"Man, just ask her out already."
"I did! She shot me down."
"Man, asking a girl to hang out in your crappy-ass apartment watching black-and-white shit on tv ain't a date." Donte laughed. "It's assisted suicide. Ask her on a real date."
Russ shook his head. "I don't know, Donte. I mean, dating someone you work with can backfire. I've seen it happen. I know."
"Man, nobody in their right mind would choose this lame-ass job over a woman. Get right in the head, man! And go man the booth, man."
"Man, alright! Just leave it."
Russ dragged his skinny, sullen ass over to the chair by the glass doors, and sat down. "Theater 23 is upstairs level four. Theater 2 is on your right. Theater 4 is on your right. Bathrooms are by Theater 3." On and on in a robotic voice as his mind churned furiously. Ask Aimee out, again? God, he'd just about crapped his pants asking her the first time.
And she'd said no.
The paper heart was burning a hole in her pocket. She was dying to unfold it, but every time she had a minute Russ was at her elbow, or looking her way while sweeping across the lobby. She'd once asked Russ if she could, in the interest of their investigation-game, unfold his collection of cranes.
"Are you kidding? No way, Jose! I don't want them destroyed." Russ threw his arm in front of their roost on the popcorn machine. "One, if you unfolded them, I'd end up with a collection of receipts. Boring. Two, it would take a serious dent out of the mystery of Blade Runner's identity. And," he finished, "without the little perqs I manage to create around me, I'd go postal. I would. And I don't want to be the star of a prison movie, thanks."
"So hands off the cranes, Aimee."
She finally went into the women's room and sat down in a stall.
The crooked little heart, No. 14 in an erratic series, had been folded with the printing on the inside, so she carefully unfolded it, smoothed it flat against her thigh, and took a look. 11/19. Harry Potter. Well there goes that theory. Red Vines, large Coke.
And written in black ball-point pen, a phone number.
Aimee crumpled the receipt in her hand, poised to flee back into the lobby, then slowly flattened it out again. She didn't recognize the exchange. Probably a cell phone. I wonder if he's one of those pricks who text-messages through movies. Her purse was in the break room, and her highly-unattractive polyester Multiplex 24 uniform didn't have any pockets, so she slipped the paper inside the left cup of her bra, washed her hands, and went back to the snack bar.
"Oh, hey, Aimee. You look glum—but fabulously glum. You know, noir. Very noir."
"I'll take that as the compliment it might have been in a better life, Russ. Thanks. Any news on the Bladerunner front?" Sound casual, act casual.
"No, nothing since the 13th heart last week. Eleven cranes, two pinwheels, six little boats, and thirteen hearts. For awhile I thought it was a mathematical code, but apparently not." That's right, man, casually intelligent. That's right.
"So, no clues as to identity?" Aimee was looking down at the glass countertop.
Dazzle her, man. "Still have my short-list of suspects, the usual suspects," Cool! Stay cool, "Goth Chick With Roots, Neo, Retired Guy, and our neighborhood Comic Book Guy. Haven't been able to definitively weed any of them out. Although," Russ cleared his throat, "I never see Goth Chick hanging out with other women, so I can probably scratch her off my list. Heh, maybe Retired Guy has a thing for girls in polyester."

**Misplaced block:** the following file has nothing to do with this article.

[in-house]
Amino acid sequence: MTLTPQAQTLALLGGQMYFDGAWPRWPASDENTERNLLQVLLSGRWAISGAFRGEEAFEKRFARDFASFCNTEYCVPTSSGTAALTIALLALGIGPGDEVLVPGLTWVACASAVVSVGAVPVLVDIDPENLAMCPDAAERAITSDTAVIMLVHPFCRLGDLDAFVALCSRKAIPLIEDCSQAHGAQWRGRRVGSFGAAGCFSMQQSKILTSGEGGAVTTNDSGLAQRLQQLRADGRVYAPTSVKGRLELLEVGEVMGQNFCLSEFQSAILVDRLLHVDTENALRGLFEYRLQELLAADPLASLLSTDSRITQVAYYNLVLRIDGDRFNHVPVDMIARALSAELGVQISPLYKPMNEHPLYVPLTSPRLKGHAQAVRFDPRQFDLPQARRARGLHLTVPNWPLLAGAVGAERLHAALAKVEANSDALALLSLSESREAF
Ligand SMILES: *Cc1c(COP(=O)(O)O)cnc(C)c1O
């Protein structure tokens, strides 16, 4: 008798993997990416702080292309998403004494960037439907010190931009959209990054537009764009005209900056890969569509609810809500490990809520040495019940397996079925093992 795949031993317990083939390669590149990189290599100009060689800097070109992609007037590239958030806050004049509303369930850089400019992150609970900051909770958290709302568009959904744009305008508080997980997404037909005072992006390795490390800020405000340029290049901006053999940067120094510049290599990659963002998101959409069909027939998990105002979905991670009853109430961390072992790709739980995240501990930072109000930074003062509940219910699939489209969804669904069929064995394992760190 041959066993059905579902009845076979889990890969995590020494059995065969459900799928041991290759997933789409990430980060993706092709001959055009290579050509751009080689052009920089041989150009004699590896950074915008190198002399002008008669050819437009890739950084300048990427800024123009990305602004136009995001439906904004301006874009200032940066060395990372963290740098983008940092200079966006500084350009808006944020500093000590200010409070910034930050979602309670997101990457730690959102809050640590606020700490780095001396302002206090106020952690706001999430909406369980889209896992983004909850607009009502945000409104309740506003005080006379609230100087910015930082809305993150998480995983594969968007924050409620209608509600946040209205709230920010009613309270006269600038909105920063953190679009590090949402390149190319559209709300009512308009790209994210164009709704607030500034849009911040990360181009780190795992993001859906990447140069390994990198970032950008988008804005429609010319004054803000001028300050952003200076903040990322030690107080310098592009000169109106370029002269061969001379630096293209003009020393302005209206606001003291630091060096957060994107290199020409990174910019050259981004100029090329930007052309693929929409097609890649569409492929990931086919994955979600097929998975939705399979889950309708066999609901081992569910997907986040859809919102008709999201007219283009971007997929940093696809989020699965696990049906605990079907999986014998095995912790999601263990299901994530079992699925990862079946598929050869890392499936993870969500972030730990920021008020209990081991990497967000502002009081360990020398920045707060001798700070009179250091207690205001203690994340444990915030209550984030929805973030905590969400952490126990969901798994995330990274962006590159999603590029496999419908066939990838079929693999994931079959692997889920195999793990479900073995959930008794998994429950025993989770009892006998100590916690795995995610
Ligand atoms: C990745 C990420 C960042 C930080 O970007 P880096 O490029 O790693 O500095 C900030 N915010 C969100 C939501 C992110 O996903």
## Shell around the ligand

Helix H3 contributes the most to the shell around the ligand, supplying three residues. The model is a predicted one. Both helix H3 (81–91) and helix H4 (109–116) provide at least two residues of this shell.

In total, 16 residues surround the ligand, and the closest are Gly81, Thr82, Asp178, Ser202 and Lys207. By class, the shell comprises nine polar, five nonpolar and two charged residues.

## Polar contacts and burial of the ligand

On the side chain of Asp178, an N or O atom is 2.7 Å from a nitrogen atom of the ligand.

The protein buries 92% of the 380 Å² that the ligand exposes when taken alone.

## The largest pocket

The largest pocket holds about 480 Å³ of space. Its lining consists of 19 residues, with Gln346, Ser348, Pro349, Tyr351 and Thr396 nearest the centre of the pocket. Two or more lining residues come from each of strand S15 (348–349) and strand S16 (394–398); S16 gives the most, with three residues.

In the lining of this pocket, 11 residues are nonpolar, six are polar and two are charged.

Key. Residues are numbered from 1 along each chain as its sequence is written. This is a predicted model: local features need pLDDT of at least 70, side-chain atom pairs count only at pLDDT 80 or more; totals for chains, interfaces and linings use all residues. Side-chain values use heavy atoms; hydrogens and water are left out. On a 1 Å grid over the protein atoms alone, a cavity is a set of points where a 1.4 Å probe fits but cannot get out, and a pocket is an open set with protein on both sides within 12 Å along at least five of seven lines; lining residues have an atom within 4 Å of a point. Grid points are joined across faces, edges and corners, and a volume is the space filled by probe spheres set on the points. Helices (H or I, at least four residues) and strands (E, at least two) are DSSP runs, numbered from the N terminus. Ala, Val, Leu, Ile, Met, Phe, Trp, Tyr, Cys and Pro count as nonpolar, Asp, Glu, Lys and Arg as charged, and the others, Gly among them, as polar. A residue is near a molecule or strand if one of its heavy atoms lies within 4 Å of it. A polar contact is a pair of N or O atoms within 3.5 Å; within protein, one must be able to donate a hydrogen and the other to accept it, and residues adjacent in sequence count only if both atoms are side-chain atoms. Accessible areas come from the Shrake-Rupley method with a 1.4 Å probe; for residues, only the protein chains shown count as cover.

Aimee looked up at Russ, not smiling. "Thanks for that mood-lifter, Dr. Robert. I'm feeling ever-so-noir now."
Russ managed to squeeze words out of his frozen throat. "Sorry. I'm a dick. I didn't mean it that way. It's just that, uh, a bunch of paper hearts with 'Aimee' written inside, which only started appearing after you started wearing the origami earrings, it just seems like he's flirting with your."
"How do you know it's a guy? It could be a girl. It could be someone not on your list." Russ saw that while Aimee didn't resume her pose slouched over the counter, she didn't turn away, either.
"Yeah." Now. "Aimee, I, uh, I...go to the movies with me."
"I am at the movies with you."
No! "I mean, go out with me to the movies. Or to...someplace else. A date kind of place."
Aimee stood there, her arms crossed, chin lowered. "Are you asking me out?"
Russ felt like he was going to have an Olestra event righ there and then. "I, uh, yes. Please go out with me."
Aimee stood there, broadsided, not knowing what to say. Skinny, geeky Russ was asking her out. The guy who their coworkers once called the Andy Stitzer prequel. Glasses-wearing, comic-book-reading Russ. Under her arm Aimee could feel the unfolded, crumpled, and flattened origami heart against her breast. Maybe it was the guy they called Neo who'd left her his number. Tall, dark, fashionably rumpled Neo. That would be a score. Or maybe Russ's joke was nearer the mark and her secret admirer was the grizzled, pot-bellied Senior Discount. Or Comic Book Guy. Aimee's face crumpled in distress thinking about their obviously socially inept, body-odor-ridden patron leaving her love notes.
"Aimee, I'm sorry—don't cry!" Russ felt about two inches tall, looking into the face of a woman ready to cry at the prospect of a date with him. "I didn't mean it, Aimee. I'm sorry I upset you!" He turned and bolted down the hall toward Theater 4.
[I thought I could finish this today, but I ran out of time! —Suzanne]